“It’s only digital photo manipulations and the images seem so random!” These words roll off the critic’s tongue and hang in the air during the course of the one on one discussion, cutting deep into the artist’s psyche, initially creating a gulf between the mindsets of the two. The essence of the remark is to question the very nature of popular culture art – not unlike the ‘plinther’ in Antony Gormley’s One & Other sculptural performance at the Fourth Plinth in Trafalgar Square. The ‘plinther’ way up high in the heavily frequented public space, stands before a web cam with a chalk board sign, raising the question to the world ‘But is it Art?’ A question that has attained greater and greater relevance, as the years have passed since Duchamp posed the similar question by challenging the nature of what is an object of art. Reeling from the initial consternation of the statements implication, a hasty yet poorly conceived response is returned in an attempt to reconcile the artist’s perception of the work, to that projected within the critics statement that misses the point of political arts.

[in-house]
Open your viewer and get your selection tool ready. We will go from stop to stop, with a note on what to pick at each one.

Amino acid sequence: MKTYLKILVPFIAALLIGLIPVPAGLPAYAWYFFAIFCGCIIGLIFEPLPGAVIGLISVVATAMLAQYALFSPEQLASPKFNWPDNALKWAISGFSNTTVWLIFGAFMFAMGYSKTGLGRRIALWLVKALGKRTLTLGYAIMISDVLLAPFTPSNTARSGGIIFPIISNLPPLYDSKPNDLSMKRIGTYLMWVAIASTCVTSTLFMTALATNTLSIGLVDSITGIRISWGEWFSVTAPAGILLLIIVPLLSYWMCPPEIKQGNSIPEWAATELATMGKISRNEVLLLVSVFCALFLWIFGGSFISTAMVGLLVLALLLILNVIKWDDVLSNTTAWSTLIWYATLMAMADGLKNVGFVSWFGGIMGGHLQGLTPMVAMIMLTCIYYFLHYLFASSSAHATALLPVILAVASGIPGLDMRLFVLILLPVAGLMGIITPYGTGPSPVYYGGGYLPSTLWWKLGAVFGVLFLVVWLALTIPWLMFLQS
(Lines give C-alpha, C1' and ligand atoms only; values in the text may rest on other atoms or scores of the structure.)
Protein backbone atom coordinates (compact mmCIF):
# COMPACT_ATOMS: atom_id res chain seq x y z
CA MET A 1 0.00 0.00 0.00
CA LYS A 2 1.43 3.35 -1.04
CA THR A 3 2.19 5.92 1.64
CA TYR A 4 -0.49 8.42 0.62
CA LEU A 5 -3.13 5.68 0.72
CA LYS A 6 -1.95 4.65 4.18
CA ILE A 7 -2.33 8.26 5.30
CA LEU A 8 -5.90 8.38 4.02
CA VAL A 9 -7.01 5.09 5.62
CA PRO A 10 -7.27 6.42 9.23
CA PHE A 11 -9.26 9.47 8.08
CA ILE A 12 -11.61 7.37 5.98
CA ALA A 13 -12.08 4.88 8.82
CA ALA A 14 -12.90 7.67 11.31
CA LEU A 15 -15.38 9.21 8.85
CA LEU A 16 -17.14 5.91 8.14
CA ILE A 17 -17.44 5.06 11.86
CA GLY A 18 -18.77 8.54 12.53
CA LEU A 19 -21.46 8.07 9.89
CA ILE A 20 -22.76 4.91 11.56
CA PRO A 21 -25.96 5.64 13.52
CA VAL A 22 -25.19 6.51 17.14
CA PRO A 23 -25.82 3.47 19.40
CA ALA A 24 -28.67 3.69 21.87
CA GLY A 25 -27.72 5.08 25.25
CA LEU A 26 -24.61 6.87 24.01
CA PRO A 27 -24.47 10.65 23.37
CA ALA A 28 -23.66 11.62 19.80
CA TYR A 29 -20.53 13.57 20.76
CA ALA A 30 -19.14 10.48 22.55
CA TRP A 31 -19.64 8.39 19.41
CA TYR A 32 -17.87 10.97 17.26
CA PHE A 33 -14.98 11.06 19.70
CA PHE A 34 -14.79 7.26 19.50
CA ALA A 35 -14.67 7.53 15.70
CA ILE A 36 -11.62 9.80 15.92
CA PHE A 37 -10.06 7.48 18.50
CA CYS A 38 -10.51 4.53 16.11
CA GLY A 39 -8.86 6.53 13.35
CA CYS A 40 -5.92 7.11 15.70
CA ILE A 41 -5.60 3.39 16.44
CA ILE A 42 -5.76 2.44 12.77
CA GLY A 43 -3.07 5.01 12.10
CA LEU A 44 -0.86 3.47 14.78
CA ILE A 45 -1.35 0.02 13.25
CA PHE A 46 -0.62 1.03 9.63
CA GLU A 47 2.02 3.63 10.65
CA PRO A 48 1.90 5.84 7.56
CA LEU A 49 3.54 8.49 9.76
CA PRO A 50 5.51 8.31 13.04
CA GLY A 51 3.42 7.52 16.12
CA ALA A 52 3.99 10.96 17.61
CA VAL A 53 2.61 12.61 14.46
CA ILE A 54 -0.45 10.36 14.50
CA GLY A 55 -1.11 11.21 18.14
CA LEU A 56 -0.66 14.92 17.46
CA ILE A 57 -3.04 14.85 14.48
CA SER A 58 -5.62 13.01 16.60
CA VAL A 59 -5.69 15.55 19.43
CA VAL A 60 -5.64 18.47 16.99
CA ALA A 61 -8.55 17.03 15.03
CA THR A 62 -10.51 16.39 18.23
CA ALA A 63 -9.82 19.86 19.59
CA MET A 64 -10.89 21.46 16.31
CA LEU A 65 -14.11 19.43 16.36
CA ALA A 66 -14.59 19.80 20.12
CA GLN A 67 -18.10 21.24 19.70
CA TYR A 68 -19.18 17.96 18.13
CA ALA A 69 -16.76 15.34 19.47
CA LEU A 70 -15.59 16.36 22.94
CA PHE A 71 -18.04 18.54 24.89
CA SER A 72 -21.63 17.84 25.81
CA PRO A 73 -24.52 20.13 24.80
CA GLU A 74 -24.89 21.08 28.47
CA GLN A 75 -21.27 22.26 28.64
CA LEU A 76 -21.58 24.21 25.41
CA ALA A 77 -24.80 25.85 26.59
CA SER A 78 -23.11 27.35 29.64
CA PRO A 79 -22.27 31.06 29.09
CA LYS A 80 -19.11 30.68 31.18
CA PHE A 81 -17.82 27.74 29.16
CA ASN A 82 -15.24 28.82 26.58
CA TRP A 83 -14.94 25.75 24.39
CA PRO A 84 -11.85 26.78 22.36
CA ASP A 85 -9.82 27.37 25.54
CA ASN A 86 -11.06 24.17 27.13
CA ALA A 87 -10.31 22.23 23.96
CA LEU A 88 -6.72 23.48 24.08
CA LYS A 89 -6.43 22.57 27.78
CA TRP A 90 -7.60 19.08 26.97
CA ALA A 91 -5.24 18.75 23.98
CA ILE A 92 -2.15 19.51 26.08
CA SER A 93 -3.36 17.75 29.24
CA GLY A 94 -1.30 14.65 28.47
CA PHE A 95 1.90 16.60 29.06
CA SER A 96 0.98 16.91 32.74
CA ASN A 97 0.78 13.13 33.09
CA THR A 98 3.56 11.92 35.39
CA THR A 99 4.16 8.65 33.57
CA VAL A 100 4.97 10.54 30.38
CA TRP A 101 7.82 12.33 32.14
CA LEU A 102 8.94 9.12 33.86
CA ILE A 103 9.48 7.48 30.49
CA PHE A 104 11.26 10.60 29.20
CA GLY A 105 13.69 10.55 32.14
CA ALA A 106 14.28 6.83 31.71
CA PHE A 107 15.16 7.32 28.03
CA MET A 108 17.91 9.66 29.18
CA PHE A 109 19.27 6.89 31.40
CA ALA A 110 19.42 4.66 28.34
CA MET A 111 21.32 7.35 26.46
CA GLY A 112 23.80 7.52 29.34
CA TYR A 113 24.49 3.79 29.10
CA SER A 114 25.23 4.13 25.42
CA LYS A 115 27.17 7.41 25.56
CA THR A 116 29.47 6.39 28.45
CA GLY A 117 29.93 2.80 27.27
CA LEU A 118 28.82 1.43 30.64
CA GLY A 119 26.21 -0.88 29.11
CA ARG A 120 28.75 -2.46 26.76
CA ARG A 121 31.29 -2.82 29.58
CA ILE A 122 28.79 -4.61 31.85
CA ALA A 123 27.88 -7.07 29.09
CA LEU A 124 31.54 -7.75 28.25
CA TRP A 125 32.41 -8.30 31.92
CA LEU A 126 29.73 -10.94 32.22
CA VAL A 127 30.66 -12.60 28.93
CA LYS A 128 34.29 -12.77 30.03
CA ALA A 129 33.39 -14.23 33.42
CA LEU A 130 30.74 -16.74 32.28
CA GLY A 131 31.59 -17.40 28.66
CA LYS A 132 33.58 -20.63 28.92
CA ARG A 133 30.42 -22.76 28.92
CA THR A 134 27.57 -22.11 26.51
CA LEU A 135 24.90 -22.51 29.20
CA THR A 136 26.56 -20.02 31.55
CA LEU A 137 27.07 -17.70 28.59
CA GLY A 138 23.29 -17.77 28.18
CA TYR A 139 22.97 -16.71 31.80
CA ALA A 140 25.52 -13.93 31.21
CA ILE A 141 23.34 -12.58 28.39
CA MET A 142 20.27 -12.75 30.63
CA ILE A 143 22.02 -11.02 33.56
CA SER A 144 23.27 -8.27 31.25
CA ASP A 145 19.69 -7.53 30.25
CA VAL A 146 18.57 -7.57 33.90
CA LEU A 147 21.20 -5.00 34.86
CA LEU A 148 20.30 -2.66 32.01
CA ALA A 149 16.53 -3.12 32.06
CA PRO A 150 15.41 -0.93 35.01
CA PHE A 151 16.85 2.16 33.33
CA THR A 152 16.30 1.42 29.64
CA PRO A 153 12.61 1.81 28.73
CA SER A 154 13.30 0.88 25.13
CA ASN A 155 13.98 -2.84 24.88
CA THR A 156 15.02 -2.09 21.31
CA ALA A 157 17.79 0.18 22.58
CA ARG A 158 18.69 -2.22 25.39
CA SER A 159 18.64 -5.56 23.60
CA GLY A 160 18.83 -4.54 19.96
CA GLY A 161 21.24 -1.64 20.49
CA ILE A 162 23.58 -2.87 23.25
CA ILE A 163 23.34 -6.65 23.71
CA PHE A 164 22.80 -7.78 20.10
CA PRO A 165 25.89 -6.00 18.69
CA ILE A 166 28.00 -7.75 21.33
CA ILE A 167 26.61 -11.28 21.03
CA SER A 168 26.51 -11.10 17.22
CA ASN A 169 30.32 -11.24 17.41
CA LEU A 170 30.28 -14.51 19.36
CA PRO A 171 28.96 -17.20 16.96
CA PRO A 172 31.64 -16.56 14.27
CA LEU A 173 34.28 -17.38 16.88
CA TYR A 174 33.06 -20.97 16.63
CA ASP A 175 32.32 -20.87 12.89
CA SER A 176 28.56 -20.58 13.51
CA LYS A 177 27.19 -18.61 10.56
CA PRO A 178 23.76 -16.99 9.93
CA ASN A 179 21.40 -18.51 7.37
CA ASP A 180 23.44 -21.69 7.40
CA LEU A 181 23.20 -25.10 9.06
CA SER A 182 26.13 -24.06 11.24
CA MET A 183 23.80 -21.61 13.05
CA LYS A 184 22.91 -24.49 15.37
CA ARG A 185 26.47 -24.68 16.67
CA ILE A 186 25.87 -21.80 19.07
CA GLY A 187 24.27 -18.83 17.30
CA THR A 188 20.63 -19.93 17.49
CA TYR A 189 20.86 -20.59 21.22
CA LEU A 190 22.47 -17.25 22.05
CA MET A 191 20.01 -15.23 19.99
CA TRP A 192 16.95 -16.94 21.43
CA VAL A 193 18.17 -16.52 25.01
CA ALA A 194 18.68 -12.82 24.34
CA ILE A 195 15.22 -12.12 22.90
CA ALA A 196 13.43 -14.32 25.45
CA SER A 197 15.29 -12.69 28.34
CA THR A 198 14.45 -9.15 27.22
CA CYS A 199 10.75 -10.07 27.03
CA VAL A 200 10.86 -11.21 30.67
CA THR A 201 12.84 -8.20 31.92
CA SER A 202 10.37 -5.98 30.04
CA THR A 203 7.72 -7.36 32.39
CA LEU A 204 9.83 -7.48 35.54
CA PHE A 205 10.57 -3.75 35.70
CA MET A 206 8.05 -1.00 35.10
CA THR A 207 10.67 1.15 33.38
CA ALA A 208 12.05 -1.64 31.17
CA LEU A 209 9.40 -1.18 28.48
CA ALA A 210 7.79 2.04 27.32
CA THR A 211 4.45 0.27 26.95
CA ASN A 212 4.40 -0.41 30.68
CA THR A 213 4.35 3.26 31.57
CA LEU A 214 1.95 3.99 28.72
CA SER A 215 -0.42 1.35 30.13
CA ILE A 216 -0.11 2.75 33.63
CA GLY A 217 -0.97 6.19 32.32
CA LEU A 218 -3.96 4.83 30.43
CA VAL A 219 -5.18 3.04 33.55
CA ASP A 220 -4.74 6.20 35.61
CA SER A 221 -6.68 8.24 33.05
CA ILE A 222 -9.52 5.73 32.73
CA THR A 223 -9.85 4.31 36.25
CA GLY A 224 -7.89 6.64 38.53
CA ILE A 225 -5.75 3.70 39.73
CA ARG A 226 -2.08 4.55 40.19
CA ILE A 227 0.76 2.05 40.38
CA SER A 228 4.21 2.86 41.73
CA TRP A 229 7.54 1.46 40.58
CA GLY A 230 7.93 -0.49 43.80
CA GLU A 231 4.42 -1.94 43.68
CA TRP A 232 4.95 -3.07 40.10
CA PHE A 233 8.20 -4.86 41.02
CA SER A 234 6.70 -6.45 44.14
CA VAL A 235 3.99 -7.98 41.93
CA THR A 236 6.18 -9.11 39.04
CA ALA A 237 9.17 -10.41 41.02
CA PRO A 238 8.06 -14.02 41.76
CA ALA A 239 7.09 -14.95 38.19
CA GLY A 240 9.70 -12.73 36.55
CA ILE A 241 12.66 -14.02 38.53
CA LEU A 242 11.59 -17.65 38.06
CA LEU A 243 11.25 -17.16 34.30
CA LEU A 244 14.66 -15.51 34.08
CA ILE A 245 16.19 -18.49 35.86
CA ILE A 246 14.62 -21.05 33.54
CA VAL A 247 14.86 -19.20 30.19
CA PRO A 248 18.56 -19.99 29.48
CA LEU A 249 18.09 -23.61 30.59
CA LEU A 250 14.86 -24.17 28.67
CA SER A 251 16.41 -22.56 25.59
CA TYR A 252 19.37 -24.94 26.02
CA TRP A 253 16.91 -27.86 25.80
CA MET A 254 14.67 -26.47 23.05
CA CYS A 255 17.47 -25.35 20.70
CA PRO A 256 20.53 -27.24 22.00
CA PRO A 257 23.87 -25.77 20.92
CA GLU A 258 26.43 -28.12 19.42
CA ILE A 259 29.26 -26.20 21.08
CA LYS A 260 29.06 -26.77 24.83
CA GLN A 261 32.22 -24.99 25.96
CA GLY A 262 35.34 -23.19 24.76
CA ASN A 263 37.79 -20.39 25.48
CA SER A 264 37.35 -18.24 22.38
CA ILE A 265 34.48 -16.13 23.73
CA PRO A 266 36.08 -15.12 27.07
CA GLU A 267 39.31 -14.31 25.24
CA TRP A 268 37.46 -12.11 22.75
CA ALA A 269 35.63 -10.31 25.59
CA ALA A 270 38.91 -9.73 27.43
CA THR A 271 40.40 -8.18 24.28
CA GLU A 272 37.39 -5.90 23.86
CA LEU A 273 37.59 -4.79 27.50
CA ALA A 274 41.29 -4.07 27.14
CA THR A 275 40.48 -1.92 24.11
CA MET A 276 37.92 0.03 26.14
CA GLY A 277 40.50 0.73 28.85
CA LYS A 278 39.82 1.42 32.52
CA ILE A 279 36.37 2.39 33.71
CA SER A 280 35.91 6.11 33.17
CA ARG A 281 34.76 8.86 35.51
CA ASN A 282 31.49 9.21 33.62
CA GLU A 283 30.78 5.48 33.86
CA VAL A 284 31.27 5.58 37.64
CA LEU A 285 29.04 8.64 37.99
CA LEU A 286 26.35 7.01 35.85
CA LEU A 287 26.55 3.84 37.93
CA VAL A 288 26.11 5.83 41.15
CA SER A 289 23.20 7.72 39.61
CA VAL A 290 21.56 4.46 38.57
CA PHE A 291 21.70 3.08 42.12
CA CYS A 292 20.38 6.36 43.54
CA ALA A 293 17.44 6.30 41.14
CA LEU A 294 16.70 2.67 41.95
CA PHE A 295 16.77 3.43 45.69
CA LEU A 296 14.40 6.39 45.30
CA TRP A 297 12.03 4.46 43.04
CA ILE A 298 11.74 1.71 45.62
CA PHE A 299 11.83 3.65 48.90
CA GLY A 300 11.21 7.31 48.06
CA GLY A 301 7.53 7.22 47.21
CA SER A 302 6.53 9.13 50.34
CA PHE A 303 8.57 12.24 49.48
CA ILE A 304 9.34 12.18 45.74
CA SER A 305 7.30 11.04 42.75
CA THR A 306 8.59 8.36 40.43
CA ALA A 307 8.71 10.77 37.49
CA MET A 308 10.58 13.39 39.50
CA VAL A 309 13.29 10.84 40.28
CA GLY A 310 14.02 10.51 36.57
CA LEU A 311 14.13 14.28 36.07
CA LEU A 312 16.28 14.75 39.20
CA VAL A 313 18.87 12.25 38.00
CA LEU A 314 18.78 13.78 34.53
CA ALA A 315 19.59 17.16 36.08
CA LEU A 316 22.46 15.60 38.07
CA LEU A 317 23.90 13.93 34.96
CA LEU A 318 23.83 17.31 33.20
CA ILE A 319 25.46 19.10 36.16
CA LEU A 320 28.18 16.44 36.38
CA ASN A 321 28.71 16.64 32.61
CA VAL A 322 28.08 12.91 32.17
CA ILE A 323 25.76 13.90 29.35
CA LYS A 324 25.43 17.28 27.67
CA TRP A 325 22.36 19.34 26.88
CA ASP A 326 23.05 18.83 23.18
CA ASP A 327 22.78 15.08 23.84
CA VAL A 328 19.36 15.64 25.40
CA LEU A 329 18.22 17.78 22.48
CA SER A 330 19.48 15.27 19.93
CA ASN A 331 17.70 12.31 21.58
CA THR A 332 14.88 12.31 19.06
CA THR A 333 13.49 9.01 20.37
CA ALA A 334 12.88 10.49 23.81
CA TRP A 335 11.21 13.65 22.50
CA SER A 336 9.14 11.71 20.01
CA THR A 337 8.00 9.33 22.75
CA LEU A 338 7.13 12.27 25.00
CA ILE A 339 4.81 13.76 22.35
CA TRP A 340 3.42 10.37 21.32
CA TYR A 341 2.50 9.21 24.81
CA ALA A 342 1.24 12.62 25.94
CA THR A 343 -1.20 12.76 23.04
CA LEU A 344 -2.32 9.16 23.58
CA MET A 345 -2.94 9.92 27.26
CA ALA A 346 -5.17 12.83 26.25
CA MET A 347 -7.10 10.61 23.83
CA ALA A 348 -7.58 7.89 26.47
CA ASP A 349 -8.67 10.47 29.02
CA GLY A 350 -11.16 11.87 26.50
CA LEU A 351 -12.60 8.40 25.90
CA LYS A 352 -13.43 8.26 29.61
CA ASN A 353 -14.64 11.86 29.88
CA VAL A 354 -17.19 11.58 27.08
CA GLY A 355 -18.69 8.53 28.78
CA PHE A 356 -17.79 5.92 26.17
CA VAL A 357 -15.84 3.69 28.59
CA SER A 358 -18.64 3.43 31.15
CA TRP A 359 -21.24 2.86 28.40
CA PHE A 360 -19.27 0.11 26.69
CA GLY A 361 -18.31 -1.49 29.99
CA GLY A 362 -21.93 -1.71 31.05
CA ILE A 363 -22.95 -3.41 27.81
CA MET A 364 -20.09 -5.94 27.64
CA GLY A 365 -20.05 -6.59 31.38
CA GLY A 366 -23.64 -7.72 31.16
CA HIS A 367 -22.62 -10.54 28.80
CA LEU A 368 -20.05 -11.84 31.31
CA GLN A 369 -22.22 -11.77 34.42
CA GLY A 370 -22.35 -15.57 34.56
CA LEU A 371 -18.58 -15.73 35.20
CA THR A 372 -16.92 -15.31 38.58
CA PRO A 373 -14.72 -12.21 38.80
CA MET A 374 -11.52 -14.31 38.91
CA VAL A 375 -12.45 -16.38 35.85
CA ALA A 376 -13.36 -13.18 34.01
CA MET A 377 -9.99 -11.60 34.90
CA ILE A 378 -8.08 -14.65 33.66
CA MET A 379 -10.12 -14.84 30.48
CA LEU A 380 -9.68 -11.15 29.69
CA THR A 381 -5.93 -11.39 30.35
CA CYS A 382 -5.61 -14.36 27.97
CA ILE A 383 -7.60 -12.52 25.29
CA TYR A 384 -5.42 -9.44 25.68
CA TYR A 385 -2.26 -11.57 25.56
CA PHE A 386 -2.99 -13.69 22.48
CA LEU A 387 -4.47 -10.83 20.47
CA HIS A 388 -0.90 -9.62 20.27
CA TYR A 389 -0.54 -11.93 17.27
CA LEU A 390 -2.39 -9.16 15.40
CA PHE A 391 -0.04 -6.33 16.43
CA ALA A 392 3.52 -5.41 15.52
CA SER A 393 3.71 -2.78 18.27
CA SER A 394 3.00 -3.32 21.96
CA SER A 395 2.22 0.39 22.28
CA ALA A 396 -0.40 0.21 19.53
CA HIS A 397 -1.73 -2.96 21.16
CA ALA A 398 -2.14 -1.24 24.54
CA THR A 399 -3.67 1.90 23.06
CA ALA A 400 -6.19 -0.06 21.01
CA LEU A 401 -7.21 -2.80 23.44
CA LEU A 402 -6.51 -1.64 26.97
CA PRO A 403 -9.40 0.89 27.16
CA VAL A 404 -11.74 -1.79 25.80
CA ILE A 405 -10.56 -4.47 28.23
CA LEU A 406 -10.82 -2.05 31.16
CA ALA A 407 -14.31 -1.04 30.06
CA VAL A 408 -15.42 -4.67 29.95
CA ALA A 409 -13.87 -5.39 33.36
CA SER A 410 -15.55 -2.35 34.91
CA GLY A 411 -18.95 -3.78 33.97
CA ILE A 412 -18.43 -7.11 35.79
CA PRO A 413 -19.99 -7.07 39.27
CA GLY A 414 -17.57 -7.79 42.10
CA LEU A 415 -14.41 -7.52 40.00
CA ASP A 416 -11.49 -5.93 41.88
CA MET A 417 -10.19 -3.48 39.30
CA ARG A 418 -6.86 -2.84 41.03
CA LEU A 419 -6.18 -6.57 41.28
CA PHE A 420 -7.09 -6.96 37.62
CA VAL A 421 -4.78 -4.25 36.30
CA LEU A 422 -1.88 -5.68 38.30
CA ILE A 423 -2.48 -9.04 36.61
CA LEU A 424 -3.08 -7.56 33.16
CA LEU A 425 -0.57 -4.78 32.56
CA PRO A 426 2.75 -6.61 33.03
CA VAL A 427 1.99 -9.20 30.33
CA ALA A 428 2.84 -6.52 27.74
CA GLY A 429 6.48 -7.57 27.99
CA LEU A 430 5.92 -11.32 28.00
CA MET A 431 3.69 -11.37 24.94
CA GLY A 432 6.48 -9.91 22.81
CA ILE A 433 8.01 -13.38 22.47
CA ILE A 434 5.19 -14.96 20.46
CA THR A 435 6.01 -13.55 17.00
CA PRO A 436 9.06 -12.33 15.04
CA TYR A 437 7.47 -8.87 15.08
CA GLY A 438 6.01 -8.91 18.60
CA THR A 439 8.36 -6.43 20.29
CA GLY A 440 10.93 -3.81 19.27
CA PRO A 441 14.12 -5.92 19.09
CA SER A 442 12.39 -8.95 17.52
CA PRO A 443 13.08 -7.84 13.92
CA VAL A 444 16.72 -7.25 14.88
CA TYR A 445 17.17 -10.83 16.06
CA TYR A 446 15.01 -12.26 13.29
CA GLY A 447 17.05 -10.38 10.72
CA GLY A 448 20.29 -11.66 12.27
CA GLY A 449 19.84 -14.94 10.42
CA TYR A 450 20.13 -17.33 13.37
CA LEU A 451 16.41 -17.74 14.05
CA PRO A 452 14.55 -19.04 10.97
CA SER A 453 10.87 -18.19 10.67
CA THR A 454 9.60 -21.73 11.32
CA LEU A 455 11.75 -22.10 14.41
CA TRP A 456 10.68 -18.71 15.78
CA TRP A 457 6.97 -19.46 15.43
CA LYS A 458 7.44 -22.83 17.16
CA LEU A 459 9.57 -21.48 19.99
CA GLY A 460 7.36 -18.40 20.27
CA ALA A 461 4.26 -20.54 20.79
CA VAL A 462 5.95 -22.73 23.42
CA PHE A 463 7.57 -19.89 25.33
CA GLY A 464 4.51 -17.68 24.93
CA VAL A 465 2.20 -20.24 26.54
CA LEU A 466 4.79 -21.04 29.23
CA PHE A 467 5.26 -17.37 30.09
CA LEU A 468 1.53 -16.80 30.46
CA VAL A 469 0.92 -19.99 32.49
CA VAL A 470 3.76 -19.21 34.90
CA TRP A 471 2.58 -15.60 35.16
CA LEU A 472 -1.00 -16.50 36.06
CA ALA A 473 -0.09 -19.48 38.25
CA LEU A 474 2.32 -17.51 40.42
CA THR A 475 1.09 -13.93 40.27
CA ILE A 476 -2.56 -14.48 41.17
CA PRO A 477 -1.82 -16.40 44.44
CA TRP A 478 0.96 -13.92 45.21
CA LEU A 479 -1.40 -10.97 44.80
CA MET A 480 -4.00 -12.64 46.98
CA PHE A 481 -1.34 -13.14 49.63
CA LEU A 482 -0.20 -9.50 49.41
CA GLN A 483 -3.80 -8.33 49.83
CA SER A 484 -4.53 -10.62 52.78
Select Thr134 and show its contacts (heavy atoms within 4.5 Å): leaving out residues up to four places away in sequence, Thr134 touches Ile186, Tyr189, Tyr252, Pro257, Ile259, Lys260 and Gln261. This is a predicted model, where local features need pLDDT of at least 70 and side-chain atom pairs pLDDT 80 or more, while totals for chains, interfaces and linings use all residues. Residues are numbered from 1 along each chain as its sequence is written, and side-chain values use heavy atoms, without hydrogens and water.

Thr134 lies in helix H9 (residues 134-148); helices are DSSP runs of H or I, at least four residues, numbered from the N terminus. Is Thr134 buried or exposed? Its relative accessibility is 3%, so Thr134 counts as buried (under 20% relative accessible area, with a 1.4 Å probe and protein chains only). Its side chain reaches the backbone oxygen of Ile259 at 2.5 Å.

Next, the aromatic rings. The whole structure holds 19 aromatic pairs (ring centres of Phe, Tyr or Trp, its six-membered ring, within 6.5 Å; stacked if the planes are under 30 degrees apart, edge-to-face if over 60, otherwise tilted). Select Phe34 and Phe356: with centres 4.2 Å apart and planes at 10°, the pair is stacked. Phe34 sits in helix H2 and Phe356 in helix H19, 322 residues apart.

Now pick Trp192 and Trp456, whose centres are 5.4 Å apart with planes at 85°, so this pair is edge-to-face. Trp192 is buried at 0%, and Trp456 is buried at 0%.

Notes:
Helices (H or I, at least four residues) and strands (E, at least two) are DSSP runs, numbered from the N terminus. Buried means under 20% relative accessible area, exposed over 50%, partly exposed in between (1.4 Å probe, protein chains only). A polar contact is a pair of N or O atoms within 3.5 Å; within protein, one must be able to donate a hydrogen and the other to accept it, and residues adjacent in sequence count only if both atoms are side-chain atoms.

The artist tormented by the statement, later recalls that photographic image manipulation reaches back to the very infancy of photography, when separate emulsion plates were compiled to create panoramic landscapes. Over the past 150 years with the exponential availability and use of the photographic image, particularly now in its digital form, this visual imagery has become an integral part of daily life. Almost everyone of all ages in developed countries carry a camera of some sort about their person – resulting in a deluge of imagery from the most banal, to the capturing of history’s most important events.
Unsurprisingly given the technological revolution with this medium, emerging photographic based practices became an early focus out of postmodernism to form a defining aesthetic. The use of digital media has moved from the role of recording and documenting popular culture arts of the time, to one now that creates its own culture(s), in ever quickening flashes that morph in and out of time often in unison with the latest fad television series or movie franchise.
The recording of history and how it’s interpreted has forever changed. The exposure to mass media and consumer advertising has opened up a brave new world of imagery saturation, with a tech savvy generation only too aware yet receptive to the processes of imagery marketing; including the knowledge and cautious acknowledgment of the digital photo manipulation that readily occurs to such images, ranging from the air brushing of features to outright attempts at fraud.